1 Cf. the special pains which Thucydides spends on his description of the plague at Athens (2. 47 seq.) and Lucretius' treatment of the same theme, the hideous witch-epodes in Horace, or the description of a sacrifice (Lucan 1. 609 seq.).


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Elis, and Epirus 1. 56-9, to the names of the stars I. 138, of the Nymphs 1. 437, 4. 334 seq., of rivers 4. 365 seq. Compare also the allusions to Dodona 1. 149; to the wagons of the Eleusinian mother' 1. 163; the Celeï supellex and mystica vannus Iacchi 1. 165; the 'poppy of Ceres' 1. 212; the kingfishers dear to Thetis 1. 399; the acorns of the Chaonian Father' 2. 67; the olive of Pallas' 2. 181; the bees and thyme that are Cecropian' 4. 177, 270; the spider 'hated by Minerva' 4. 246. A fine horse recalls the steeds of Castor and Achilles, or the image of Saturn as he fled from Rhea 3. 92; a fine fleece resembles that 'snowy gift of wool' with which 'Pan god of Arcady beguiled the Moon' 3. 391. Similarly he seeks to give colouring by local allusion: the traveller does not merely cross the sea but he sails by Pontus' and 'hazards the straits of oyster-bearing Abydos' 1. 207; the lentil is the Pelusiac lentil' 1. 288; withes come from Ameria 1. 265; the sling is 'Balearic,' pitch 'Narycian' or 'from Ida' 2. 438, 3. 450; bows are 'Ituraean' 2. 448, olives Sicyonian' 2. 519, and so on. At times indeed this practice, which is derived from the learned versifiers of Alexandria, is carried even by Virgil to excess. The Italian farmer dreads 'Strymonian' cranes I. 120; the poet brings to Mantua 'Idumaean palms'; the African' shepherd has 'Amyclaean dogs' and a Cretan quiver' 3. 345 ; while it is only necessary to compare 3. 550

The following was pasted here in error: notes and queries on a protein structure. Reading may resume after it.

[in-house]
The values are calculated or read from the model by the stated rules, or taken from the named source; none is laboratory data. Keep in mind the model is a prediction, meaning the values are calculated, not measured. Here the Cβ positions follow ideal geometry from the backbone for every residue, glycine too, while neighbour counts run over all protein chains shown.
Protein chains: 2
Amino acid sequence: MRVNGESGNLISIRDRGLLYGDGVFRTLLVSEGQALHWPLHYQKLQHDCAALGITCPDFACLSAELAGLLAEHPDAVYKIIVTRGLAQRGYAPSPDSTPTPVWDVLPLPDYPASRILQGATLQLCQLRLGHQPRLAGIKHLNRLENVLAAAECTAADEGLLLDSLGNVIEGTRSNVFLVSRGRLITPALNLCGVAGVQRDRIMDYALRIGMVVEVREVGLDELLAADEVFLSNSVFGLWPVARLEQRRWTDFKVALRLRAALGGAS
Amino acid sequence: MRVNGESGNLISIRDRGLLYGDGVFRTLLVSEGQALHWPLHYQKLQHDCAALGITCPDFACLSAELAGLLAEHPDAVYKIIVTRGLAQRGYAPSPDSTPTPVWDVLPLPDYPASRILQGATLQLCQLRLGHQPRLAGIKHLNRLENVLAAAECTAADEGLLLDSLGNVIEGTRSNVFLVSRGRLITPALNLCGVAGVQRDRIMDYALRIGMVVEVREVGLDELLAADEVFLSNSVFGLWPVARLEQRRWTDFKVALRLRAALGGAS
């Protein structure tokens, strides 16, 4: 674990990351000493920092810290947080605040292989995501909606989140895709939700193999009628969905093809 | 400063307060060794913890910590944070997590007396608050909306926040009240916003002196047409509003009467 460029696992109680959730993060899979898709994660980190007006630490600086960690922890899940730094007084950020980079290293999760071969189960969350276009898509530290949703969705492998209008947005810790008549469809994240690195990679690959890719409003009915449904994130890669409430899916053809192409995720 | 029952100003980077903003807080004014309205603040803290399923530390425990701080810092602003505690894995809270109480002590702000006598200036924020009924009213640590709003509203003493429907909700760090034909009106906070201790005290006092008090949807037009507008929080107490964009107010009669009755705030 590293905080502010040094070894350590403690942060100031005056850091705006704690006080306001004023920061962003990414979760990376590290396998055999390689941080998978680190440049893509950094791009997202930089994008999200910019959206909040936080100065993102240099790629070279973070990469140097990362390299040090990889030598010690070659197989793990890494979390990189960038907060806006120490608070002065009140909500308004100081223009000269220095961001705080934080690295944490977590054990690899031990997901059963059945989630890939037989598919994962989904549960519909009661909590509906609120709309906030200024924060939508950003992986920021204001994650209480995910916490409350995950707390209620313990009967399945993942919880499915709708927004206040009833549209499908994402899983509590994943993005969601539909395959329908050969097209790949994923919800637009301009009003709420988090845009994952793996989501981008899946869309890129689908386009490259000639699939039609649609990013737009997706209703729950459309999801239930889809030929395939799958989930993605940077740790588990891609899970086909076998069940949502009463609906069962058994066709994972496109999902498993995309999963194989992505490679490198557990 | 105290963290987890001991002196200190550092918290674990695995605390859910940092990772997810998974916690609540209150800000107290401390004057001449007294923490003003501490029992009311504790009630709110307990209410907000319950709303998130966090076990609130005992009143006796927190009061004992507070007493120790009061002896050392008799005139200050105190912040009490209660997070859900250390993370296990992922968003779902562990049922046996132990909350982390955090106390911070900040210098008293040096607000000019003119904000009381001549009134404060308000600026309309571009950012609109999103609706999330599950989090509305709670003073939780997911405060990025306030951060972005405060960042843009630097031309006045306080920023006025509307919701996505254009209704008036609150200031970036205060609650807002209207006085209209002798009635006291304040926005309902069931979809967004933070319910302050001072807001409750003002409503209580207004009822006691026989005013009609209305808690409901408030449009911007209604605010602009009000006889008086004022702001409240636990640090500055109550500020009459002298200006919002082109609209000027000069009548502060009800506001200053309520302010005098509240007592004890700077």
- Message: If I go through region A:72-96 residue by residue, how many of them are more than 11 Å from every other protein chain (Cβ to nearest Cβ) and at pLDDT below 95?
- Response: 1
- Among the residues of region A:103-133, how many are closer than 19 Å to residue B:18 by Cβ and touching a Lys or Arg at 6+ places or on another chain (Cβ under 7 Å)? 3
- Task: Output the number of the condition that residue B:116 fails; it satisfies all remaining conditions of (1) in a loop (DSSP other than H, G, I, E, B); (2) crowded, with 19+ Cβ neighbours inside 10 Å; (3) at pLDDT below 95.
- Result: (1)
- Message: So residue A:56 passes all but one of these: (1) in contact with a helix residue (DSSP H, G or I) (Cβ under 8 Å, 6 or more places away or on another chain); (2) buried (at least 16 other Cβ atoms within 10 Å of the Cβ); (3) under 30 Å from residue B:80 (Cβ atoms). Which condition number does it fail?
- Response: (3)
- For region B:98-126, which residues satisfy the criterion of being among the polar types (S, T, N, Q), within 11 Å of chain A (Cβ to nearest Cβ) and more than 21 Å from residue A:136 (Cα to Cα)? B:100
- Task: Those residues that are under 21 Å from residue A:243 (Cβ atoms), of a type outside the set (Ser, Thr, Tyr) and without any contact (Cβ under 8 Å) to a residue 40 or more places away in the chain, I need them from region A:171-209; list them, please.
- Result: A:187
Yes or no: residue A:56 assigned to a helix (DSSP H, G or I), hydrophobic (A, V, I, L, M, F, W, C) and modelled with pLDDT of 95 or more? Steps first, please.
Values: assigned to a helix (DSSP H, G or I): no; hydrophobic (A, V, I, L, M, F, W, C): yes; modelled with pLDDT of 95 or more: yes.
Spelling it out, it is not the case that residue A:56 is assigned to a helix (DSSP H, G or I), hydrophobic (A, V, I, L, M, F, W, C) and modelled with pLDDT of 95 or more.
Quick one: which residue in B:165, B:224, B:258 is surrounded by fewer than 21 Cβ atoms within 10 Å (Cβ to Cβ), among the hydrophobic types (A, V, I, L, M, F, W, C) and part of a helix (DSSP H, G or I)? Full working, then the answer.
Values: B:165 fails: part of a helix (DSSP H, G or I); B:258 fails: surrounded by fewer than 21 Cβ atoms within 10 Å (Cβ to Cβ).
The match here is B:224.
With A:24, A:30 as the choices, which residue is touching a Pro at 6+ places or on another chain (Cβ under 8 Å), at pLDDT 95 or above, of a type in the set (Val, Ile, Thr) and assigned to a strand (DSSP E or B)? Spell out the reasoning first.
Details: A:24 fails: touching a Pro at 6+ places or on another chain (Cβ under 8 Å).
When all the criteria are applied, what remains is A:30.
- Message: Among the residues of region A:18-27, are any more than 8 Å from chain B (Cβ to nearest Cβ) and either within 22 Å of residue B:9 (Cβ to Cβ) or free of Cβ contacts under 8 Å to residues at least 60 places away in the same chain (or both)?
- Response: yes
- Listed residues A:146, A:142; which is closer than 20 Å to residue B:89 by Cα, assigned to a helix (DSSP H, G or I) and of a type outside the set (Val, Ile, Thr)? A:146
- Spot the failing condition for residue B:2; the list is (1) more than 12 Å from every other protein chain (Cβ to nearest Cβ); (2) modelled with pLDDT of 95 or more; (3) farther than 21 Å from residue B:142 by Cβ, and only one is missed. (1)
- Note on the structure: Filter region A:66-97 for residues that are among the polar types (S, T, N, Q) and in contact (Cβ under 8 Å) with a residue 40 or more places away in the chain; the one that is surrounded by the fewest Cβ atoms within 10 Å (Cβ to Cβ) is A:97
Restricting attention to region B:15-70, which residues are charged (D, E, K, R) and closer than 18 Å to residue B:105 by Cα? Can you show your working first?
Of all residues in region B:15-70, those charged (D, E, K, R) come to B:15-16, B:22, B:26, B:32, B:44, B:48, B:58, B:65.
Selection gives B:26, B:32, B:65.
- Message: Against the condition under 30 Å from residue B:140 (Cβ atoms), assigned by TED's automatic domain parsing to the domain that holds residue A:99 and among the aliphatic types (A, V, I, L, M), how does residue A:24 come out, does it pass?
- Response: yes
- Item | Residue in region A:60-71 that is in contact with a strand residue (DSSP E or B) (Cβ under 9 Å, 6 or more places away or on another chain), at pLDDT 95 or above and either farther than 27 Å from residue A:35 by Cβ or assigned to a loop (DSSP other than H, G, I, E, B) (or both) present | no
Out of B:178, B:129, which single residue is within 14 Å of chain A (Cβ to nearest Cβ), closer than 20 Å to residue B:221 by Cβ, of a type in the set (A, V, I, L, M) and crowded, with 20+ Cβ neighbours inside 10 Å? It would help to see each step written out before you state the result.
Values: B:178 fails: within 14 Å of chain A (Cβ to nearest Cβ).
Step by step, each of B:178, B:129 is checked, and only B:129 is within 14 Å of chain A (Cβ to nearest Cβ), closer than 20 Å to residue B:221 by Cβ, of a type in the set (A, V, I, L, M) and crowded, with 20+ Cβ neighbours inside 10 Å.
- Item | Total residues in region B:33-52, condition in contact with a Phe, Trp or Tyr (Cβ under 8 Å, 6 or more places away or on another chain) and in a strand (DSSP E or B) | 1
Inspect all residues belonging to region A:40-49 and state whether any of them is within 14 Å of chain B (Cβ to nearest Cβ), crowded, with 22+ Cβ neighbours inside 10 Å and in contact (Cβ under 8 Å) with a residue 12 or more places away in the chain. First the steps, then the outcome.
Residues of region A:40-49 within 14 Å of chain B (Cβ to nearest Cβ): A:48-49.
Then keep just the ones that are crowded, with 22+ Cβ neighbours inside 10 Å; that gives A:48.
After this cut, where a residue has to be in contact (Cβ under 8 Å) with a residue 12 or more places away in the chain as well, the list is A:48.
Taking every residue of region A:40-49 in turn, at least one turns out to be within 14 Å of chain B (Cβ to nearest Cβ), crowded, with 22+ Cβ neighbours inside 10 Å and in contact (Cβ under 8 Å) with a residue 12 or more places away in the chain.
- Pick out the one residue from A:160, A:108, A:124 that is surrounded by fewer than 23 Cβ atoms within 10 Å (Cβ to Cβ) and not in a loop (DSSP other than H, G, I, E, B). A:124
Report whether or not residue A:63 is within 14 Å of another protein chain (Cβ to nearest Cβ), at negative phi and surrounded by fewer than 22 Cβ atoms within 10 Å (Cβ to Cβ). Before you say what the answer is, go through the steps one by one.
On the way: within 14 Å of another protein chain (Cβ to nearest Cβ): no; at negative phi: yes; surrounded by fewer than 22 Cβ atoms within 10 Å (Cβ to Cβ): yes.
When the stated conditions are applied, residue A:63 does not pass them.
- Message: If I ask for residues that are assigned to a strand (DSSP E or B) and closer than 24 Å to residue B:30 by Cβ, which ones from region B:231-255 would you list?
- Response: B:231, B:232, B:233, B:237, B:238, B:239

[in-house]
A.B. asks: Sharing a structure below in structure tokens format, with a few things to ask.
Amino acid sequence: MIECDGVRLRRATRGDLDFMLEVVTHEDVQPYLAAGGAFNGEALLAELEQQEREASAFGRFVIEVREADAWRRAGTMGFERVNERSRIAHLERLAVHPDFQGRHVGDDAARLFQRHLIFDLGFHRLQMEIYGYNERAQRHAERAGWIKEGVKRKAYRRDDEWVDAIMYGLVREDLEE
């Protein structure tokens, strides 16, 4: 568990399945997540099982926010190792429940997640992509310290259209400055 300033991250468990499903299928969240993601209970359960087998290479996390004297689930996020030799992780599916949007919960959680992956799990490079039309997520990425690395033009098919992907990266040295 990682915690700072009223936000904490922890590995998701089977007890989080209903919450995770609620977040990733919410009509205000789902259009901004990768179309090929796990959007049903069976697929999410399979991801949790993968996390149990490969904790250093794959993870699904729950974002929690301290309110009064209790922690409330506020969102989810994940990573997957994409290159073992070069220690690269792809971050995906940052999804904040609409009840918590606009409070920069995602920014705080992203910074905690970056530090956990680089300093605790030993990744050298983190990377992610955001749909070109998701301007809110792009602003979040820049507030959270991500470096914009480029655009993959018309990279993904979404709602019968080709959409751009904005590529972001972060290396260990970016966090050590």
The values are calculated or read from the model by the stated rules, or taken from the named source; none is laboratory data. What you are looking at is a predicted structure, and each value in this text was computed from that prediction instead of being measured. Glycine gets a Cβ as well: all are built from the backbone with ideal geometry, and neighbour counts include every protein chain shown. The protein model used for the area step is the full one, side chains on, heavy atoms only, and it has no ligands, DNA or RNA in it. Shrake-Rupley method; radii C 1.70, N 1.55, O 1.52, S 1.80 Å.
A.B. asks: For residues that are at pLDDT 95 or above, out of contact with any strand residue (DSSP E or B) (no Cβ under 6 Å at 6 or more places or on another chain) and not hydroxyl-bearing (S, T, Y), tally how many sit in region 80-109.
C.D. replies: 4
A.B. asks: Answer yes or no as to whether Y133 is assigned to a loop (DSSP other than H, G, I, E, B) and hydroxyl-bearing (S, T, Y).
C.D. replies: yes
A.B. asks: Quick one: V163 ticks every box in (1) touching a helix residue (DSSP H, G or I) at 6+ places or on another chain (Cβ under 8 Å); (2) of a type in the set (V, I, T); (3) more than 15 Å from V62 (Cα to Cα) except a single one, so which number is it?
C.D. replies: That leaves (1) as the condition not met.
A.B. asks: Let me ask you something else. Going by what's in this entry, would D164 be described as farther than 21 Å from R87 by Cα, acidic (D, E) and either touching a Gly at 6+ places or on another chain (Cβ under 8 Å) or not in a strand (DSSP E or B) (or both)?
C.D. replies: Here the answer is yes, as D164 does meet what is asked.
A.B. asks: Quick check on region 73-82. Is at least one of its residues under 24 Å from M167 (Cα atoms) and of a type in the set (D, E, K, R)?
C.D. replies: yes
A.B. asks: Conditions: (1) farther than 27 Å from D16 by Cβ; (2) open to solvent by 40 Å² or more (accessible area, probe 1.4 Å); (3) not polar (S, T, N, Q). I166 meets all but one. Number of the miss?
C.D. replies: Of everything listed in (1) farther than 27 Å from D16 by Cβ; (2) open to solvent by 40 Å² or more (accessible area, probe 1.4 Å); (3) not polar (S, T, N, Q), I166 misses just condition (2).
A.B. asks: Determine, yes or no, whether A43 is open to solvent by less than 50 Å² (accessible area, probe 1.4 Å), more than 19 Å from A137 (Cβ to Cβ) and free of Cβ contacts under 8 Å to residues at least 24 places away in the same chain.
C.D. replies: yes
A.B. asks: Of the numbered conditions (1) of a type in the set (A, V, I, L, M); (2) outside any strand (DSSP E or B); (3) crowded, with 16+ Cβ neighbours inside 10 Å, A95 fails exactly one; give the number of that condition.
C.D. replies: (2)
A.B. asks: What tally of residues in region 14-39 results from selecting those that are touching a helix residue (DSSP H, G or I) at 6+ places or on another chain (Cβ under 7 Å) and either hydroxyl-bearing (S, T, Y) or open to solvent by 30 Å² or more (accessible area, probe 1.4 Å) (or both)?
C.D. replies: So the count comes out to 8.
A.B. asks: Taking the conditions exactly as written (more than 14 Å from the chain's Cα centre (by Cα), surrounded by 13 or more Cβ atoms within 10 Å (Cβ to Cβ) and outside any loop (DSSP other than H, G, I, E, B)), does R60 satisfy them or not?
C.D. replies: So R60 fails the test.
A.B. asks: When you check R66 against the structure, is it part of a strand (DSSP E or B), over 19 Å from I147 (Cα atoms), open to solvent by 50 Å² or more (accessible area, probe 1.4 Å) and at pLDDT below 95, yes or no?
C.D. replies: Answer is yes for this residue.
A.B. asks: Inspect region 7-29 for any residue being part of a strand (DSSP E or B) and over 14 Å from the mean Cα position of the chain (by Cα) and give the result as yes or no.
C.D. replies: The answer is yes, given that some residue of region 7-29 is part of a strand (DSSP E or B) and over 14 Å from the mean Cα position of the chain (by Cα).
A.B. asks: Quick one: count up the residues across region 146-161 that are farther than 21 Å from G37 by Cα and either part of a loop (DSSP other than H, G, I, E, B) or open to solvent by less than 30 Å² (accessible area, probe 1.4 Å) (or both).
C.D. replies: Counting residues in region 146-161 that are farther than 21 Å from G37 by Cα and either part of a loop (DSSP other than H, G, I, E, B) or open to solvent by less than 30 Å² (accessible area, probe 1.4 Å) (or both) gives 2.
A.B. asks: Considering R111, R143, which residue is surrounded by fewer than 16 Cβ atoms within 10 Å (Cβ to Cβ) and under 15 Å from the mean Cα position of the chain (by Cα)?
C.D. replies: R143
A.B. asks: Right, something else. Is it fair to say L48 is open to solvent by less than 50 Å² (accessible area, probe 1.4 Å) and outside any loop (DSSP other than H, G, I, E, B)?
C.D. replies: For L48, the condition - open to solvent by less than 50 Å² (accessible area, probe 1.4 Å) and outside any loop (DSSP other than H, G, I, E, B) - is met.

cessere magistri,

Phillyrides Chiron Amythaoniusque Melampus

with the four wonderful words of Lucretius

mussabat tacito medecina timore,